- One of those few times that the USA, with enough fire power to blow up the world didn't act like an insecure baby and Acted with real strength. The "framework" was a “carrot and stick”. The easing of sanctions was tied to the importation of heating oil and construction of 2 light water nuclear reactors to replace the graphite rod reactors. The stick-threat was military reprisals if North Korea ever crossed the “red line” - NK began processing spent fuel rods into weaponizable plutonium. They wanted the carrot, they feared what Clinton might do ( there were plans on the ready for an attack on NK, and everything was verified, so they never crossed this line.) Congressional Repubs held up the frame, they called it appeasement, refused to fully fund it. Why? Good question. Possibly the same reason they refused to support US troops in Kosovo. You’d have to ask them. Many the speculate that if it was President Rhodes Scholar's idea, his successful policies they were against it.
Enter stage Right, the Bush neocons. Fair to say, all hat, no cattle. While not clear what North Korea had actually done by neocon time with uranium enrichment - if they actually had made bomb-grade highly-enriched uranium, or if, like Iraq they hyped the intelligence out of proportion, the neocons decided, in 2002, that this was the end of the Agreed Framework. This being the case, North Korea threw out the IAEA, re-opened their graphite reactors, and began processing the plutonium rods in bomb fuel. They said screw the carrot, which the Bushies decided not to deliver and damn the stick, which Bush can't now use, short of tactical nukes, all of which precipitated the current crisis. And the Bush response was to do talk tough and do nothing.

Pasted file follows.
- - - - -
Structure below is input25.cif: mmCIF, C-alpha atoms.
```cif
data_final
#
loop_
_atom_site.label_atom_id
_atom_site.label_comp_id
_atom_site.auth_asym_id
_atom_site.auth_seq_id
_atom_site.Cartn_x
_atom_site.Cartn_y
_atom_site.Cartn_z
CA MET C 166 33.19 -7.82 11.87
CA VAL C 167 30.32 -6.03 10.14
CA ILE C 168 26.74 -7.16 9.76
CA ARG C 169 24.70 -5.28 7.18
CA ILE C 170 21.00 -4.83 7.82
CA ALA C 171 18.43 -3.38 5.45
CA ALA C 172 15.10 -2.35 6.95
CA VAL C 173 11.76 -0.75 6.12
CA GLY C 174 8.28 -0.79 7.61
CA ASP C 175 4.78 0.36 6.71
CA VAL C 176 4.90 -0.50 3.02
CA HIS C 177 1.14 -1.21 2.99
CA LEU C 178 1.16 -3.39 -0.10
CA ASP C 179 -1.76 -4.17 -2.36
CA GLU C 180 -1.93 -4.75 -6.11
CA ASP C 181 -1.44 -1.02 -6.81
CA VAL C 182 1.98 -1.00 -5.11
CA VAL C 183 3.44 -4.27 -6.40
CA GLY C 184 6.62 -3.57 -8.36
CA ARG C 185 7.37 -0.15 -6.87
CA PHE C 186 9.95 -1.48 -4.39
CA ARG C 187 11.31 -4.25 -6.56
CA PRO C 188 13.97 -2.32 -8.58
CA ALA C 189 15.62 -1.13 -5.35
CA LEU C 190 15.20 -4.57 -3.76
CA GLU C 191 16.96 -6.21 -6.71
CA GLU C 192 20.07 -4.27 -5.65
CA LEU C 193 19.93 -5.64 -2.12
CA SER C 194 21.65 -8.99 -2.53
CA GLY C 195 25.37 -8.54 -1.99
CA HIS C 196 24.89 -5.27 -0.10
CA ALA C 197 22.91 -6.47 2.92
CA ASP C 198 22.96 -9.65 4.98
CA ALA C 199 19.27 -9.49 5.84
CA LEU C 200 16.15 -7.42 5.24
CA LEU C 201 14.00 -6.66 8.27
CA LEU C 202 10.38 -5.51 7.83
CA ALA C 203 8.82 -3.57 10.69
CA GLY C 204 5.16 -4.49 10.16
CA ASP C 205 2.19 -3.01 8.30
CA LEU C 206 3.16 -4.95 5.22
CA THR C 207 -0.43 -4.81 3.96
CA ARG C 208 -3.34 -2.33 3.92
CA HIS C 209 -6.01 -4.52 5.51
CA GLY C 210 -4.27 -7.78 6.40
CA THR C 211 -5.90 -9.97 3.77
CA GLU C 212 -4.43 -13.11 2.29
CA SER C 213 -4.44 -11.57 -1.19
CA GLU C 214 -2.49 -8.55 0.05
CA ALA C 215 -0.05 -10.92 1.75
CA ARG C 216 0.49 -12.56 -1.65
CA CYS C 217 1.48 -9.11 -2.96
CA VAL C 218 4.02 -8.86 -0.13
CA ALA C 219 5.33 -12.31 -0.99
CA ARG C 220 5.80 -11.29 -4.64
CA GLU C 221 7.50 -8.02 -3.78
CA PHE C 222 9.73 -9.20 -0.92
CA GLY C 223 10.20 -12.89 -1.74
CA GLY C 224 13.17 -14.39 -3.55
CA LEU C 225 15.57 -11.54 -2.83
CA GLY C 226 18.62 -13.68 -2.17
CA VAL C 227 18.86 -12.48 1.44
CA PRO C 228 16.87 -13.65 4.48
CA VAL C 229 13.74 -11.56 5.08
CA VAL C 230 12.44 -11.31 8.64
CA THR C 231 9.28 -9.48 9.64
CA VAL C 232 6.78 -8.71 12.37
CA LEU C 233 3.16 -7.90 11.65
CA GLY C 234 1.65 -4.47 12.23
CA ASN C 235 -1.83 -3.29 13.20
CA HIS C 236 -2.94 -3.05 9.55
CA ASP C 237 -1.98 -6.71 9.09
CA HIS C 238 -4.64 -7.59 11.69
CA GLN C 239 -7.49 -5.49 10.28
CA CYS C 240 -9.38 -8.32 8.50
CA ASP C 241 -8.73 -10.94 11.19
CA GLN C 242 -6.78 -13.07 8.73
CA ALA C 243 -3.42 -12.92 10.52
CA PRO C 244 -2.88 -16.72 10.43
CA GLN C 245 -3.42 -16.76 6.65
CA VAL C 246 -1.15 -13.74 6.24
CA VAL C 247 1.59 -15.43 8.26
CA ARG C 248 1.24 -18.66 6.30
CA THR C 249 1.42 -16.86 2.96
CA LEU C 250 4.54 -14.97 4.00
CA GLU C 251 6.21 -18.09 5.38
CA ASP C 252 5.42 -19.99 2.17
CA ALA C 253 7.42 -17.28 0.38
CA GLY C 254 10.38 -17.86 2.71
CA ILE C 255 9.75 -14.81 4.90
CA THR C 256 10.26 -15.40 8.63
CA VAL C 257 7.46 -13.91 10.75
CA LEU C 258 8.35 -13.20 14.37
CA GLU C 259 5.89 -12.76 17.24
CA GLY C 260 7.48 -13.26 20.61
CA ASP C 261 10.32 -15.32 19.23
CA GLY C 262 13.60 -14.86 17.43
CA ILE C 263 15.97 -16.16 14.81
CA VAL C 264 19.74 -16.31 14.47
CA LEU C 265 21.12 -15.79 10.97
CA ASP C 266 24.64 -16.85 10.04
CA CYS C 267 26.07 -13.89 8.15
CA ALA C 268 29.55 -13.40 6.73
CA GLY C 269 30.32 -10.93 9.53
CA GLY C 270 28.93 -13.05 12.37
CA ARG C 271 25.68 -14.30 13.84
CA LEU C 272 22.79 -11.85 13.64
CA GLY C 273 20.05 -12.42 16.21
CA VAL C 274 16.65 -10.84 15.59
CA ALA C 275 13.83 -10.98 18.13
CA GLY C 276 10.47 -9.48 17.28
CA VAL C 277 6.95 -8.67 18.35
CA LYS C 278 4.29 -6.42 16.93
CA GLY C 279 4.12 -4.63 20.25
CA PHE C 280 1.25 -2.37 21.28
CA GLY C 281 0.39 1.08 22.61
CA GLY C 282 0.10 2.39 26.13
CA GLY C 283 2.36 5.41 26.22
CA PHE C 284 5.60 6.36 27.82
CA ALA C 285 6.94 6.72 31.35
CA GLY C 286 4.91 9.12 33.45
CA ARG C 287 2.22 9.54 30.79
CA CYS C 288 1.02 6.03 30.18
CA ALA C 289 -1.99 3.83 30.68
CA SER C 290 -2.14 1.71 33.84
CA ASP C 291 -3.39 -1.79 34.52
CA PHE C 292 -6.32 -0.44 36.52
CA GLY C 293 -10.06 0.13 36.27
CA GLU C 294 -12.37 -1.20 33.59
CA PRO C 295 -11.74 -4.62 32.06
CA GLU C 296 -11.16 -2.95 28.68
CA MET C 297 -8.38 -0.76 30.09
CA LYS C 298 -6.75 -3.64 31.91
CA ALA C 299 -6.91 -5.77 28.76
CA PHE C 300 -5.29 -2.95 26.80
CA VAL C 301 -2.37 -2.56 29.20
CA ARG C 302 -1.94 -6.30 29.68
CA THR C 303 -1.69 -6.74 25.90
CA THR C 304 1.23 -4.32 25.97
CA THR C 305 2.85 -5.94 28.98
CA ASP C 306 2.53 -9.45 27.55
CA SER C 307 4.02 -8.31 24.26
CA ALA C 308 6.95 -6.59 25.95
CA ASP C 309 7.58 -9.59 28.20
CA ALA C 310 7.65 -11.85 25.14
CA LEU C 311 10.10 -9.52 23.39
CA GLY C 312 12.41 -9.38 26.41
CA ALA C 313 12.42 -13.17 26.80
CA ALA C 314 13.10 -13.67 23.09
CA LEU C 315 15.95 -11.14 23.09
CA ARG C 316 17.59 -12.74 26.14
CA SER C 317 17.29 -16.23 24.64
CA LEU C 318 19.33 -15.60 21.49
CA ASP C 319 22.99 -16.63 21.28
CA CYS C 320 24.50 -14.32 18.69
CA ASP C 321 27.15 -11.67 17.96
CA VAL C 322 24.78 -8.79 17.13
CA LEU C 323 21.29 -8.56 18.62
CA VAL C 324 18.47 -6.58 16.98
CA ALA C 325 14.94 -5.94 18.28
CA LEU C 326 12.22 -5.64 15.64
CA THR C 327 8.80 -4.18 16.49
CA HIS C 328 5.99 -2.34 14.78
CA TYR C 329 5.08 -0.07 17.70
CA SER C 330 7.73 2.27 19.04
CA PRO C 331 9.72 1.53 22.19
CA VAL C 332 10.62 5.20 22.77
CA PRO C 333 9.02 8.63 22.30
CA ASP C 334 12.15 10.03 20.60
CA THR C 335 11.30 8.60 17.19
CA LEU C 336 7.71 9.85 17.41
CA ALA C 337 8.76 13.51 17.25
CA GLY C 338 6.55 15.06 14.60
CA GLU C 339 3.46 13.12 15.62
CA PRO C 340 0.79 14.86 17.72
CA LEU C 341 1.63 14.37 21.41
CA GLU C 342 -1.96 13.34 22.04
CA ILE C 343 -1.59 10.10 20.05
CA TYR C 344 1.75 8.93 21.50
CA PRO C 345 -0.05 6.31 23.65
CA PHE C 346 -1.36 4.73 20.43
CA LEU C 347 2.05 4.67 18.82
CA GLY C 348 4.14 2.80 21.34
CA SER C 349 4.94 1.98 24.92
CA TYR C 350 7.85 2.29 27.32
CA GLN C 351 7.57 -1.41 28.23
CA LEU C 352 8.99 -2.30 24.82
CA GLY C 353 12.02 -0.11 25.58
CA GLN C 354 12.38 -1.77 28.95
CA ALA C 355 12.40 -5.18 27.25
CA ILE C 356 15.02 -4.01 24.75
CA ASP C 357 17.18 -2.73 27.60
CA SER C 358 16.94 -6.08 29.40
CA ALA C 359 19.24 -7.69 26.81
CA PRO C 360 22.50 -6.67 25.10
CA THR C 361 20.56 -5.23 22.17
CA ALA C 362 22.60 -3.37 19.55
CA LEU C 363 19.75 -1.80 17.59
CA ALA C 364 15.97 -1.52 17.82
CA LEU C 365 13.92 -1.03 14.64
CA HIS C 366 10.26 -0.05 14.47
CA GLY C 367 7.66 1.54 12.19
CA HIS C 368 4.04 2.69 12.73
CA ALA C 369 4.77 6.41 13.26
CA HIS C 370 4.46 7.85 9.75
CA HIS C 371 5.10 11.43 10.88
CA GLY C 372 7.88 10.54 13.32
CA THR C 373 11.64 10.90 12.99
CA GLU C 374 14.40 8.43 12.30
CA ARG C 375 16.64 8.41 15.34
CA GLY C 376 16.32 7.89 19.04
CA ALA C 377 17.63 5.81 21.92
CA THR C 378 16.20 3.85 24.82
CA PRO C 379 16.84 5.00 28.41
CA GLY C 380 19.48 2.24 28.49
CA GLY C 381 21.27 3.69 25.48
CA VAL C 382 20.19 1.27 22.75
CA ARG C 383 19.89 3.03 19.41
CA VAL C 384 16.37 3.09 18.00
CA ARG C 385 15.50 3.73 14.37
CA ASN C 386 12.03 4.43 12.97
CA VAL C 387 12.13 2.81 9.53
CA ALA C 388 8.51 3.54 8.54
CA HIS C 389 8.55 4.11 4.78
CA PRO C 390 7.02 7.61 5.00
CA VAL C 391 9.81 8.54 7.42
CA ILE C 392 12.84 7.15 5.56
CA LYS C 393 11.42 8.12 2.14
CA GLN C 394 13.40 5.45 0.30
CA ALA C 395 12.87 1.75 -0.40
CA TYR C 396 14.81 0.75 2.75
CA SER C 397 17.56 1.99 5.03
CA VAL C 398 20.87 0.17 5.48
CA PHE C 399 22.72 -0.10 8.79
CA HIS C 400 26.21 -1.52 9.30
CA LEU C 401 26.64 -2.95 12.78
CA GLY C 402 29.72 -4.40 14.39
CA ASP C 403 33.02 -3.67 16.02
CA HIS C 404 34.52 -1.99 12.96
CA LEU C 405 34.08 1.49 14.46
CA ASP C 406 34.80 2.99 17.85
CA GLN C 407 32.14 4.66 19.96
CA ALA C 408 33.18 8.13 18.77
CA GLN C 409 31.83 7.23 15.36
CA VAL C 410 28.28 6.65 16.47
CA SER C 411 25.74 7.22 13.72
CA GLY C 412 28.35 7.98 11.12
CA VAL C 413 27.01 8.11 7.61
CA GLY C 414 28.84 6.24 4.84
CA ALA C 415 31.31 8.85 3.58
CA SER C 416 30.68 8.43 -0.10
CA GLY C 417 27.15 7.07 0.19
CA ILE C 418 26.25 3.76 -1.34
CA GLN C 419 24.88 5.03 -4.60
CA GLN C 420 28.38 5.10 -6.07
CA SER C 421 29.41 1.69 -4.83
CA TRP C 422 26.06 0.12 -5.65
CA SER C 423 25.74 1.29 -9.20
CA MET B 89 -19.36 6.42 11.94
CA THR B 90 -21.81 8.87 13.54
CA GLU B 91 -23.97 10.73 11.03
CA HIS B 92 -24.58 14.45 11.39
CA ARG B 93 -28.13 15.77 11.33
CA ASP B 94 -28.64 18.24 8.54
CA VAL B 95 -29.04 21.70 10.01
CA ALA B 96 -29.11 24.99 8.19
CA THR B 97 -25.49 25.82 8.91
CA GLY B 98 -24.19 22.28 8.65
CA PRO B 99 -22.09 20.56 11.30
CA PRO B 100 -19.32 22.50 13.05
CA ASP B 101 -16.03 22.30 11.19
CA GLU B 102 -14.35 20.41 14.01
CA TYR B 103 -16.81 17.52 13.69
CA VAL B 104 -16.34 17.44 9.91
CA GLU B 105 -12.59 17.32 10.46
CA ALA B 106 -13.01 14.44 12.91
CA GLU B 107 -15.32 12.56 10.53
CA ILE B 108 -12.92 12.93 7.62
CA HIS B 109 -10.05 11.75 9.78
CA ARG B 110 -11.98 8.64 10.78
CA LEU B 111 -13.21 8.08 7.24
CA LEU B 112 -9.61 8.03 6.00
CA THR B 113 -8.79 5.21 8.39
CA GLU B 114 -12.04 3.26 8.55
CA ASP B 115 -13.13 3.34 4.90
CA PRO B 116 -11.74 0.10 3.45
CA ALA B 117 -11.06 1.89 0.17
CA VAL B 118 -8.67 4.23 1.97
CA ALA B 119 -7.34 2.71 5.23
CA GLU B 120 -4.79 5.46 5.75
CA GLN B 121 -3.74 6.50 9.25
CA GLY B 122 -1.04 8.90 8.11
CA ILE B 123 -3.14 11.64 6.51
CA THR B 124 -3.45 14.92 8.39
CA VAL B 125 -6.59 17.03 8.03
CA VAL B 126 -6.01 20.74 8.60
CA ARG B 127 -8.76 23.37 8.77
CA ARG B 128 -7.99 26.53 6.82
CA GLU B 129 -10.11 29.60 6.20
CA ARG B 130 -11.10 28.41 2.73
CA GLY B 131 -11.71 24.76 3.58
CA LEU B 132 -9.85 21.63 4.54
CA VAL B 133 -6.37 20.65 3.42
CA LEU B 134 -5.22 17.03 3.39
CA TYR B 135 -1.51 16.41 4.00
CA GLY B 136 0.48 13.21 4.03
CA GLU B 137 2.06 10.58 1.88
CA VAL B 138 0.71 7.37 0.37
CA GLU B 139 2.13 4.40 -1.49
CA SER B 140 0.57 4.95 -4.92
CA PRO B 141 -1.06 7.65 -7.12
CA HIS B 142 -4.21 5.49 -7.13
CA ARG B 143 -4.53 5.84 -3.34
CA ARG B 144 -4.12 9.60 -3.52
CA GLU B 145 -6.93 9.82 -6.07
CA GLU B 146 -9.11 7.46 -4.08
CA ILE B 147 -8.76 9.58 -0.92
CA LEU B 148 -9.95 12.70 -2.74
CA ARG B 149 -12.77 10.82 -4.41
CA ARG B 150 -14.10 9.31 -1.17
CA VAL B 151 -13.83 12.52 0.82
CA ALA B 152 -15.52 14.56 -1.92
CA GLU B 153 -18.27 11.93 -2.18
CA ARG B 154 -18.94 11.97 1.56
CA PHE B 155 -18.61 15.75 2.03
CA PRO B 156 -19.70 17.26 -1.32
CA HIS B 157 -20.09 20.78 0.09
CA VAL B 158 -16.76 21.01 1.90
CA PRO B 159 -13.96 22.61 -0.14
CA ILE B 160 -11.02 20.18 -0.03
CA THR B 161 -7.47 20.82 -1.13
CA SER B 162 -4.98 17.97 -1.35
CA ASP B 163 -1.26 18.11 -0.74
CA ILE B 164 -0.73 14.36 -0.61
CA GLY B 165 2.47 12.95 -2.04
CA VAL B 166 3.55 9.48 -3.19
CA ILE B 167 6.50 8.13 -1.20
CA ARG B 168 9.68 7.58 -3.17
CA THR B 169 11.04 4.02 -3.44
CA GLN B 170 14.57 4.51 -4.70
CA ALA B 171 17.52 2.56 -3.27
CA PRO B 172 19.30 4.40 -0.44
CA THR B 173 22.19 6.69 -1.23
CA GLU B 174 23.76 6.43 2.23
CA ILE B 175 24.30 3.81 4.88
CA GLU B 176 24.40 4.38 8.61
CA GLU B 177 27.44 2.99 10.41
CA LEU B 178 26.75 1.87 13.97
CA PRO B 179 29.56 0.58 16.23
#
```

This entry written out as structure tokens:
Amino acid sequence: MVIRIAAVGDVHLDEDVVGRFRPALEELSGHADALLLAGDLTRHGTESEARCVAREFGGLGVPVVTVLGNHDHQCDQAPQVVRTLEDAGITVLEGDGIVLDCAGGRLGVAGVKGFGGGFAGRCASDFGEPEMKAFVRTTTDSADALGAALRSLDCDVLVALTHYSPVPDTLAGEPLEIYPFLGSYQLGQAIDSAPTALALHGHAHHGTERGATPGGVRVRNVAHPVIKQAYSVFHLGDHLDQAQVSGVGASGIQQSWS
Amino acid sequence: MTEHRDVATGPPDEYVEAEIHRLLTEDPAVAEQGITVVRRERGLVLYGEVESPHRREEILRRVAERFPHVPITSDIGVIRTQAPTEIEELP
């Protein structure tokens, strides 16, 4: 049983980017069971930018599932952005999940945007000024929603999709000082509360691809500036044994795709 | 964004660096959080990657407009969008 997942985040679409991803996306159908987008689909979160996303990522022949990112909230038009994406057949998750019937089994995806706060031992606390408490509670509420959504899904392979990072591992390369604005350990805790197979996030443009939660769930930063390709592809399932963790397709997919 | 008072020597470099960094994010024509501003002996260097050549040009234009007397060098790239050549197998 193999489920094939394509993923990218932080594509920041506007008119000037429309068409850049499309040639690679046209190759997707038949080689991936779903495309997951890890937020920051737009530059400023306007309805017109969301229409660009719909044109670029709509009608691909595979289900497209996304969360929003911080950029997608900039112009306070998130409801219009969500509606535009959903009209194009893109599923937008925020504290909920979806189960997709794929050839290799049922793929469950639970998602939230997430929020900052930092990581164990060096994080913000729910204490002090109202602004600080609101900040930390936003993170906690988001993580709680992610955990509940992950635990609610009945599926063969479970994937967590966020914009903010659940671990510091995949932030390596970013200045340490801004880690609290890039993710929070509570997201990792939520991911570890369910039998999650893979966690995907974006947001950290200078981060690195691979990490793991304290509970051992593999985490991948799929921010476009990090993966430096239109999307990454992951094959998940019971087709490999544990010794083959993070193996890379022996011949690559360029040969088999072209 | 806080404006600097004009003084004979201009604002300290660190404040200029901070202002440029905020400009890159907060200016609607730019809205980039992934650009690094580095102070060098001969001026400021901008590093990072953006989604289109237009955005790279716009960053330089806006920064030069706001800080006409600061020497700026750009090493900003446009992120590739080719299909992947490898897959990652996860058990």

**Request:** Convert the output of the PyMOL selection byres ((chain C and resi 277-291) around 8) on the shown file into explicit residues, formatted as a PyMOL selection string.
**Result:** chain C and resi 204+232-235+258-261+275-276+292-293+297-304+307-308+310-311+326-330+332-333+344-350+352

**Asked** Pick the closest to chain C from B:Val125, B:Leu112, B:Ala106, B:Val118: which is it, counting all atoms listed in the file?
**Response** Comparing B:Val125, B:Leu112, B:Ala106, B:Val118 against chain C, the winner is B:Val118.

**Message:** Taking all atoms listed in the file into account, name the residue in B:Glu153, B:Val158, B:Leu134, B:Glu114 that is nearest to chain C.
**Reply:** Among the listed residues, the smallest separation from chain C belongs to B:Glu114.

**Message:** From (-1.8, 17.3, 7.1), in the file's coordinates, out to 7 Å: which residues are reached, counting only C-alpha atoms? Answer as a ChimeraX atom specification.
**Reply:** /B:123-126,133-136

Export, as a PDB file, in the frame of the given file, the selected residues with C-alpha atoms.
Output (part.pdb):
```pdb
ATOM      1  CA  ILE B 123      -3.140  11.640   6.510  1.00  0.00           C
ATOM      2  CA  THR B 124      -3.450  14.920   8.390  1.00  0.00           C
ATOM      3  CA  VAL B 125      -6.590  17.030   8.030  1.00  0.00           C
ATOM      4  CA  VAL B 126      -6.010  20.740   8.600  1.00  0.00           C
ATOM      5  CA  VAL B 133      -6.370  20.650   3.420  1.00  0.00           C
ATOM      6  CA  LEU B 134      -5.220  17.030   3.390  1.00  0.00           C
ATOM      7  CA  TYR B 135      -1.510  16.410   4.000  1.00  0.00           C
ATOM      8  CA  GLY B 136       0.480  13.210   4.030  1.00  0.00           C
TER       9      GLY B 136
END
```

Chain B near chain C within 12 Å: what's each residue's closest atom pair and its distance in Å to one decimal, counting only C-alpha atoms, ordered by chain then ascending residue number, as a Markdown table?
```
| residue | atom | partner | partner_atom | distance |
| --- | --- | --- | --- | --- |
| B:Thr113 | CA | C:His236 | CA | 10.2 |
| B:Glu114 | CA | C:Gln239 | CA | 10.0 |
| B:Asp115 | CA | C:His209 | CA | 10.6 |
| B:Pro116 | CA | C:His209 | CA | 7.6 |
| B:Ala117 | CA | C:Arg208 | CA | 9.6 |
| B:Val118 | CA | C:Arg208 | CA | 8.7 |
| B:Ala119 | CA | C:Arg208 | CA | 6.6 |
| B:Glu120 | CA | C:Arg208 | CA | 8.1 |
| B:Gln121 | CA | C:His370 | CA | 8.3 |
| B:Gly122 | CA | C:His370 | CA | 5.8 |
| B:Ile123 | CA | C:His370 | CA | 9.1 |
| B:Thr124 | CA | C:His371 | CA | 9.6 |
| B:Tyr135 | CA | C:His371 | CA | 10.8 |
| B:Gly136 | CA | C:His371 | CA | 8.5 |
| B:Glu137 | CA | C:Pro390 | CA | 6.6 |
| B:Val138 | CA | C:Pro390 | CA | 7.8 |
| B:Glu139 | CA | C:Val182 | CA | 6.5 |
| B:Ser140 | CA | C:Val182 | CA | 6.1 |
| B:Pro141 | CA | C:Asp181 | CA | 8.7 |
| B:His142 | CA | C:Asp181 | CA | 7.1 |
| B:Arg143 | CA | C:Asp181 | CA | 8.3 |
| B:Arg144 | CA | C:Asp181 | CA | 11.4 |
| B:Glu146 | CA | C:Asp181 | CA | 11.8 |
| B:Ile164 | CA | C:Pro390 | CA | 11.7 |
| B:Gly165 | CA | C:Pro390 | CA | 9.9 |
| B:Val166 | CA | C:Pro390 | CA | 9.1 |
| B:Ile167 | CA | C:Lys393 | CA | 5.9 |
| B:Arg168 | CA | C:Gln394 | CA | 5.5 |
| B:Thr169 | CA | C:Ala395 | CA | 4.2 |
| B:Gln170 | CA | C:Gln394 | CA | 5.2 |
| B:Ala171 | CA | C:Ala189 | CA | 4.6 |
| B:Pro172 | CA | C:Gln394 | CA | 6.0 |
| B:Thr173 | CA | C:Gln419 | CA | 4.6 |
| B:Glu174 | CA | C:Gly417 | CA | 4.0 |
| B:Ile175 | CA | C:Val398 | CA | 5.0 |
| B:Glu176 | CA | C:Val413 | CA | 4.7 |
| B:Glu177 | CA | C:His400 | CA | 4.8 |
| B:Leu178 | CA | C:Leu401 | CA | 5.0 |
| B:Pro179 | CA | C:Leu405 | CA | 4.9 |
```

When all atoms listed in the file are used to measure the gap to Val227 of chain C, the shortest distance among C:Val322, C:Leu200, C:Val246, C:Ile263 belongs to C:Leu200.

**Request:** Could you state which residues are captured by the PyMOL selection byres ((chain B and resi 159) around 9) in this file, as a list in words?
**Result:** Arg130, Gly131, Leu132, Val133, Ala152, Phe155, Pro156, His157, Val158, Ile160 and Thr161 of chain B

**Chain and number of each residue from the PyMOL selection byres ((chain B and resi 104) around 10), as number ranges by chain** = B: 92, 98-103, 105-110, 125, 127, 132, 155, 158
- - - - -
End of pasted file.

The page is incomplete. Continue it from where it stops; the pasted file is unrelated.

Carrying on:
Ultimatley two things will happen, the Bushies will make concessions, tie the concessions in a big bow, and call it victory, and not too far down the road the NK will implode because of its own insane oppressive and isolationist policies.

7:52 PM  
Blogger Winslow said...

One other related comment or observation on the Grand Canyon of moral relativity that the neocons have whallowed in since Nixon. They have over and over again given a free pass to any oppressive nation as long as its "friendly" toward the USA. This approach toward foreign policy is like letting a child molester have his way as long its not your children he's molesting. Reagan did it Latin America by supposting right-wing murderers and torturers and not pushing for a constitutional democracy at a very opprtune juncture in that region's history. Bush is doing it now by letting Russia slip into a highly authoritarian state and giving Uzbekistan that famous neocon free pass. from NYT